Print Wikipedia,” an exhibition of Mandiberg’s project, opened at the Denny Gallery in New York City in July 2015 to widespread and international media attention. Now, a selection of “Print Wikipedia” volumes has been acquired for the permanent collection and is being shown at Arizona State University’s Hayden Library. It is the first time they have been displayed outside of an art space setting.

ASU Now spoke with Mandiberg, who with two undergraduate students was working to install the forthcoming exhibit, which will run from Feb. 24 through May 21 on the library’s upper concourse and first-floor atrium — opposite stacks holding reference materials including the World Book and Encyclopaedia Britannica. Mandiberg offered his thoughts on a range of topics, including the role of libraries, the importance of archiving and cataloguing information and what it was like to come to Arizona from frigid New York.

Question: Can you summarize what you’re working on at ASU?

Answer: I’m installing “Print Wikipedia” as a joint project between the library and the art museum. I think it is really important because of the ways in which this work speaks to both contexts. It’s been installed in three art spaces — first in Denny Gallery in New York, then in a gallery at Ohio State and then most recently in an art fair in Munich. I’m really excited about it being in a library because it involves aspects of information, organization, databases, reference, librarianship, information and information literacy, but it’s also deeply steeped in art historical practices of appropriation and conceptual art and aesthetics.

Q: There was a New Yorker article about a year ago asking if the Internet can be archived. What are your thoughts about libraries and their role in creating and storing knowledge?

A: These are some of the exact questions that I know [University Librarian] Jim O’Donnell wanted to raise by bringing this project here. These are the questions that libraries are facing. I happened to be in Nova Scotia when we were having some of these early conversations, and in Halifax they just put in a new public library. It’s been winning architectural awards — not just because it’s a really interesting building, but because of the way it completely reconceives what a library is as kind of a town center. There’s a coffee shop in the library. There are books, but not that many because they recognize that so much information that we consume and produce takes place electronically, yet we still need that kind of world-making function that the physical library provides.

But the real question then is about archiving — where does it live and who preserves it? [With Facebook and Twitter] our personal media production ends up being something very disposable.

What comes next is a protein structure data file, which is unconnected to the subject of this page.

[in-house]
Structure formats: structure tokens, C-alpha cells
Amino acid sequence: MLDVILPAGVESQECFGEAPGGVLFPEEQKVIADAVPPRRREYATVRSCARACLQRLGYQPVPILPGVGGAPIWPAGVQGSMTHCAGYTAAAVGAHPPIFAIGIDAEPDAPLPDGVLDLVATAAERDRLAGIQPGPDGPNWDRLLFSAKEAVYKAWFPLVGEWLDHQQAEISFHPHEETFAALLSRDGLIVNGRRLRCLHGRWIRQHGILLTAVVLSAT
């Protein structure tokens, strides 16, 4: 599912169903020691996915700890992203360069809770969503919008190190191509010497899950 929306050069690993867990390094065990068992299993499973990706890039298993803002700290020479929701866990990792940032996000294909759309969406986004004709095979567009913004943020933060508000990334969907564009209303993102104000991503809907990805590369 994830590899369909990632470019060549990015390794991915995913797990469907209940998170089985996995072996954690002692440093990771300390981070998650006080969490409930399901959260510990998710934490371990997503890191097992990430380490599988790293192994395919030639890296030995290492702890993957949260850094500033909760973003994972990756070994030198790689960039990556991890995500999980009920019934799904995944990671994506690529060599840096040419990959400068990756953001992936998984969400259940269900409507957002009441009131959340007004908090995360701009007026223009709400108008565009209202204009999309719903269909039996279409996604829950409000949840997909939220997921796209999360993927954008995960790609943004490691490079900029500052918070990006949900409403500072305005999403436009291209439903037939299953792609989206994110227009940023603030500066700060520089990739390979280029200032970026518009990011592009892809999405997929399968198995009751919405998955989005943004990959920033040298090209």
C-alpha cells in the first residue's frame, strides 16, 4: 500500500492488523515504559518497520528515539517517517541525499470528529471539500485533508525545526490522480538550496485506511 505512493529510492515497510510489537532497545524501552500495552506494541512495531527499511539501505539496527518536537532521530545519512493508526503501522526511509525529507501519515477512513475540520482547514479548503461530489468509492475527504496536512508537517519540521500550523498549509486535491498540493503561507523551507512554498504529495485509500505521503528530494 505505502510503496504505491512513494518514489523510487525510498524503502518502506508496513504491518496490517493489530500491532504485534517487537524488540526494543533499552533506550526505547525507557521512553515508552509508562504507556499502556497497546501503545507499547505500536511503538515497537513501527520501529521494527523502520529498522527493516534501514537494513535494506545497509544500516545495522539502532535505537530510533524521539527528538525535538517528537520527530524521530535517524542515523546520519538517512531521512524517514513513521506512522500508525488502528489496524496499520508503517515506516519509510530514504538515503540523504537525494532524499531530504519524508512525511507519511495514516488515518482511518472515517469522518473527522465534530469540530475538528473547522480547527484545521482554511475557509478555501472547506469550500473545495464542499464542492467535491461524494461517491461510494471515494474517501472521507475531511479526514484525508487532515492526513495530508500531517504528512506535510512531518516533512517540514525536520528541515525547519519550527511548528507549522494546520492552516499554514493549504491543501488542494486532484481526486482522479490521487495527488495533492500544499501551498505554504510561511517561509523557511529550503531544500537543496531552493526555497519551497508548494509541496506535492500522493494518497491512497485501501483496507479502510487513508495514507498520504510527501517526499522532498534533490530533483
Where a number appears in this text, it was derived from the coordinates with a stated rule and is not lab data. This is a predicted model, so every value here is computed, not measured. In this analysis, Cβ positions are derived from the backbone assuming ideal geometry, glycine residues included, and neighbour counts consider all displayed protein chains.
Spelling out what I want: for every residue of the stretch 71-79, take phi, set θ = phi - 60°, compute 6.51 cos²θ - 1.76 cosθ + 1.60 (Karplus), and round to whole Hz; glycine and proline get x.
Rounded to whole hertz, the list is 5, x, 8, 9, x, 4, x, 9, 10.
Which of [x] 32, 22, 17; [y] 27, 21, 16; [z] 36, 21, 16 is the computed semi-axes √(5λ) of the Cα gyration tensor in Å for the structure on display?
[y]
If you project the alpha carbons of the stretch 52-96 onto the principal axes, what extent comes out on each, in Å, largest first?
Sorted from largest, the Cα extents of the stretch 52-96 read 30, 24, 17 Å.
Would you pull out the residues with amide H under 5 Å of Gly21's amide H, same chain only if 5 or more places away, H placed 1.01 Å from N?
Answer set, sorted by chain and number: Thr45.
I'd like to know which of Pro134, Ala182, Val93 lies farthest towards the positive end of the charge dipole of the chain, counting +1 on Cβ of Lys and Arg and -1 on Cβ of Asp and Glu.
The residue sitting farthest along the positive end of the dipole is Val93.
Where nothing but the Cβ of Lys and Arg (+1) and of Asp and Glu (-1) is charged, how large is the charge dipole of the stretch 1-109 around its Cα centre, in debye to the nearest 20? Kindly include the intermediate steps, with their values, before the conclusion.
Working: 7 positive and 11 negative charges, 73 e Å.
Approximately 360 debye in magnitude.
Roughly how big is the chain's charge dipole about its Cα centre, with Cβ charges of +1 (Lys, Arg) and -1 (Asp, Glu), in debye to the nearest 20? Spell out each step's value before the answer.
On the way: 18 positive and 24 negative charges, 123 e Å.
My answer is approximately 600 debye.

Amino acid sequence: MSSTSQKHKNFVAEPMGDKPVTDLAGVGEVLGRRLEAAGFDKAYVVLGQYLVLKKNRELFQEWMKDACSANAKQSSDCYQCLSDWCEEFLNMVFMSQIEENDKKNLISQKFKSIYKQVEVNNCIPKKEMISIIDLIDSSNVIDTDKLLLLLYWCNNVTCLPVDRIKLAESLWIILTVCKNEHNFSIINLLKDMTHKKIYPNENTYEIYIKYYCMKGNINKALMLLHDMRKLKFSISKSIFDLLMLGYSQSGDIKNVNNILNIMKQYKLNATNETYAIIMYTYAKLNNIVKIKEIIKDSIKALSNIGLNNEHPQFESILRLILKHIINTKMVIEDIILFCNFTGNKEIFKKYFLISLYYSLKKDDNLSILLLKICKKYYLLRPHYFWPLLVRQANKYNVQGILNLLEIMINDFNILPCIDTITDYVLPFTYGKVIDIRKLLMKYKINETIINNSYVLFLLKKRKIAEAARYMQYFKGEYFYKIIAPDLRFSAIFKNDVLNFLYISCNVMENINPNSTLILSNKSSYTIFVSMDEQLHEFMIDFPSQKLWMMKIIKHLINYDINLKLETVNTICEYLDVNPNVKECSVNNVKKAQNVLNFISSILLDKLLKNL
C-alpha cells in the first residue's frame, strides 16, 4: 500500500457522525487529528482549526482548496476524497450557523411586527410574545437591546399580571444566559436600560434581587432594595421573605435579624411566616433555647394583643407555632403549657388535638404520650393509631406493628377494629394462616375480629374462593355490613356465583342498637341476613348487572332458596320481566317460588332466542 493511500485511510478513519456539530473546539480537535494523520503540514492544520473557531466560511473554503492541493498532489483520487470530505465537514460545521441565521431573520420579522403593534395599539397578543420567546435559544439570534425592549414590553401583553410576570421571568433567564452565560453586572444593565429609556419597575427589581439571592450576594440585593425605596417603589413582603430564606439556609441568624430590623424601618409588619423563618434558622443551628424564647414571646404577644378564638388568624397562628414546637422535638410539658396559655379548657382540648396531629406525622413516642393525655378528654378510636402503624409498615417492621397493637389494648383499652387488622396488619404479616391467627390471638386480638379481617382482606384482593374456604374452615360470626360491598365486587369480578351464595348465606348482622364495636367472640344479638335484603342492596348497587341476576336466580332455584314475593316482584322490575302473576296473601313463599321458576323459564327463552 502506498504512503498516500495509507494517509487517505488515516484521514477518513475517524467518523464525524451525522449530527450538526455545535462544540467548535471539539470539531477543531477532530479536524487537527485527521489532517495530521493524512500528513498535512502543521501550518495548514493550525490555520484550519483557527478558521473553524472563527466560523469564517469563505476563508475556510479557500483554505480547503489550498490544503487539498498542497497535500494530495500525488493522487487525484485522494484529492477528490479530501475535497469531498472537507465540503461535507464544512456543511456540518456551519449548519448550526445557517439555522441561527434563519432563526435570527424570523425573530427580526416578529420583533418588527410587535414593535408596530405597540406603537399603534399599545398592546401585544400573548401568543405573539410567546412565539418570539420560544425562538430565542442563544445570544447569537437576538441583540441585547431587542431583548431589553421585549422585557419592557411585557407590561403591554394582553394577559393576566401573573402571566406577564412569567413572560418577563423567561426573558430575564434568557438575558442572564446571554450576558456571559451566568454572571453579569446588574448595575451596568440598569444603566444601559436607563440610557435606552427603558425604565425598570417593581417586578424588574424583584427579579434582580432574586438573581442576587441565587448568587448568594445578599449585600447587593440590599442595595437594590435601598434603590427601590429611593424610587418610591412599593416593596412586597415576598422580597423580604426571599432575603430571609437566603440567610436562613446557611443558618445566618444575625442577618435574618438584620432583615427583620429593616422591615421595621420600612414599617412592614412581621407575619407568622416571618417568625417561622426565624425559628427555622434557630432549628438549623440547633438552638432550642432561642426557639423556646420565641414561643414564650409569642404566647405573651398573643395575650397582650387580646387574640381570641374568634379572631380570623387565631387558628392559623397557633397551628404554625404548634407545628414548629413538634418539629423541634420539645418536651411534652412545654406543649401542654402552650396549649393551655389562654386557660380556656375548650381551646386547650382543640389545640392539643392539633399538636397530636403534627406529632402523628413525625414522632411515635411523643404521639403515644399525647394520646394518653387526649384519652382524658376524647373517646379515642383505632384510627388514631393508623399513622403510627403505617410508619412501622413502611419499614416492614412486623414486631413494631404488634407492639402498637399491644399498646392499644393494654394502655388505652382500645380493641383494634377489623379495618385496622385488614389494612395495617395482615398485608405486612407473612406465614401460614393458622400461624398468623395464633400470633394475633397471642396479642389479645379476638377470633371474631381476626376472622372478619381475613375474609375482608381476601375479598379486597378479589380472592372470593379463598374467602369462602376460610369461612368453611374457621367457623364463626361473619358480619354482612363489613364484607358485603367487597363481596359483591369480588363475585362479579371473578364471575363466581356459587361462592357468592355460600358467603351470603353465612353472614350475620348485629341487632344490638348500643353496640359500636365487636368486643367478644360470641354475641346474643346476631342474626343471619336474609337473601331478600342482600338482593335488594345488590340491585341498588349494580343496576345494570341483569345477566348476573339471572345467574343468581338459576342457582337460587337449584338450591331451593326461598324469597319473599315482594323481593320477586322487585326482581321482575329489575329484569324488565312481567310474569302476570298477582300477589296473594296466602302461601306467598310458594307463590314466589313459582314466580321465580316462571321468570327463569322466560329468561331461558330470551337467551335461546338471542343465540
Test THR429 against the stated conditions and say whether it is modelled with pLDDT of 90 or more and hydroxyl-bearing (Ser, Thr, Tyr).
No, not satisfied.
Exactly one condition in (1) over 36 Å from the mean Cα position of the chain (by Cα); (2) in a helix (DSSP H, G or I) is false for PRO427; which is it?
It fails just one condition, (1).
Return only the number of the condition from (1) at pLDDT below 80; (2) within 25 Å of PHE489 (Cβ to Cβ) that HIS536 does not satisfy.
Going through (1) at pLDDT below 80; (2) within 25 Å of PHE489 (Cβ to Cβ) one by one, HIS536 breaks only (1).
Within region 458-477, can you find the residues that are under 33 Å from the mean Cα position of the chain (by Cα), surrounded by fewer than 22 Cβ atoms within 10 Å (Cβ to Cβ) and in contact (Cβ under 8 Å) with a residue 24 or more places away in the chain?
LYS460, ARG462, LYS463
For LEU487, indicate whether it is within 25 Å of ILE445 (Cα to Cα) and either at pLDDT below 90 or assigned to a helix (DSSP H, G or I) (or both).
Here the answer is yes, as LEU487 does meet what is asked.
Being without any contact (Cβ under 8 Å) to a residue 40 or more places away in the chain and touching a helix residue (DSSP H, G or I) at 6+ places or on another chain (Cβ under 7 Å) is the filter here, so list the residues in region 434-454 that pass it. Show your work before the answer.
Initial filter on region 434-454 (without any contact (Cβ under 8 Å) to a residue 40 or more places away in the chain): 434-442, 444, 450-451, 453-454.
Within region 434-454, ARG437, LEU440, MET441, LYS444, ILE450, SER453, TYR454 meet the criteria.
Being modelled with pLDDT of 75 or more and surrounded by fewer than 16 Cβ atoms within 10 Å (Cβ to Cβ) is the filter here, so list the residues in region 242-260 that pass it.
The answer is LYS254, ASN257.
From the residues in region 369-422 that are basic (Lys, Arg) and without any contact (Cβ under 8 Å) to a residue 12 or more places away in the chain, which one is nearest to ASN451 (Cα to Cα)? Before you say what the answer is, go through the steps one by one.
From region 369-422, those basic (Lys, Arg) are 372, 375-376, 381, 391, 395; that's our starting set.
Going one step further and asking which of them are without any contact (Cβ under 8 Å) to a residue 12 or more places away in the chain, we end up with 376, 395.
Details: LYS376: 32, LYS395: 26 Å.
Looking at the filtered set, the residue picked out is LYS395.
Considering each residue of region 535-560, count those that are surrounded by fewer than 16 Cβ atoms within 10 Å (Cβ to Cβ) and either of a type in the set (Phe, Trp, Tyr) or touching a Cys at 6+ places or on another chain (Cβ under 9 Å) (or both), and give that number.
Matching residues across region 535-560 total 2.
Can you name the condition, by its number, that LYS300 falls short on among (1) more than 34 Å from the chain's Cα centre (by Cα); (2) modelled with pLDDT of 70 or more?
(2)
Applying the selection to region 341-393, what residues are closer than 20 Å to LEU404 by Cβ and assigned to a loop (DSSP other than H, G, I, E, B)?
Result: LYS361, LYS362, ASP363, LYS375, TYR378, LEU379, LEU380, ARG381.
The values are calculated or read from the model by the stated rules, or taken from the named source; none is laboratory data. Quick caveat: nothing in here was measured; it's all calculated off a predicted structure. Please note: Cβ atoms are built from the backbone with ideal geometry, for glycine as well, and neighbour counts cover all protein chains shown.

Q: How did the conversations with Jim O’Donnell go, and how did this project come about?

A: He emailed me. It was in the middle of the most crazy art week I’ve ever had in my life. The show had just gone up. It was on the front page of the New York Times’ art section the day before it launched. There were dozens of press requests, plus we hadn’t finished the work … and then the code broke because that’s what code does. So it was in a big blur. Then we came back to it several times and figured out the right way for it to work and I was really excited about it.

Q: In a way, does this exhibit help usher in a re-envisioned Hayden Library, for which renovation plans are in the works?

A: The vision for this was a conversation about the future of information, about the future of what libraries are. What does a library look like? What’s the difference between a public library and what’s been done in Halifax versus a university library? What’s the role of a university library? How is that different from a public library?

I mean, realistically, librarianship and the MLS degree, in particular, is one of the most important degrees of the 21st century because it’s all about organizing information.

Q: Do you use Wikipedia when you teach [at the City University of New York]?

A: I teach with Wikipedia. I assign my students to write articles on Wikipedia as their term papers or as midterm papers. I have them do that for a variety of reasons, one of which is to make their knowledge public.

Q: What about Wikipedia and historical revisionists that might promote a certain viewpoint?

A: Yes, that is a problem. But it is a problem in every context. Isn’t it also a problem in history books? Is it not also a problem on the nightly news?

In 2005, there was an article in Nature, which is the peer-reviewed science journal, which said that Wikipedia had more or less equivalent — if not sometimes less — errors than Britannica. Then it pointed out all the errors in those articles. Then the Wikipedians went and corrected all those errors. Ten years later, it’s much more robust. No one has gone back and redone that study, which is disappointing because it would be just such a slam dunk.

Q: Can you talk about what your experience has been like working in Arizona this week?

A: I love the sun. I came from New York. Two days before I left, it was one degree out, with a wind-chill of about –20.

I had some really great studio visits with some grad students. I’ve met some really nice people. Everyone here is so friendly.

Michael Mandiberg’s exhibit, “In the Stacks: Print Wikipedia,” is a partnership between ASU Libraries, the ASU Herberger Institute for Design and the Arts, the ASU Art Museum and Denny Gallery. Full details about the exhibition’s grand opening and related events and lectures can be found at

Beth Giudicessi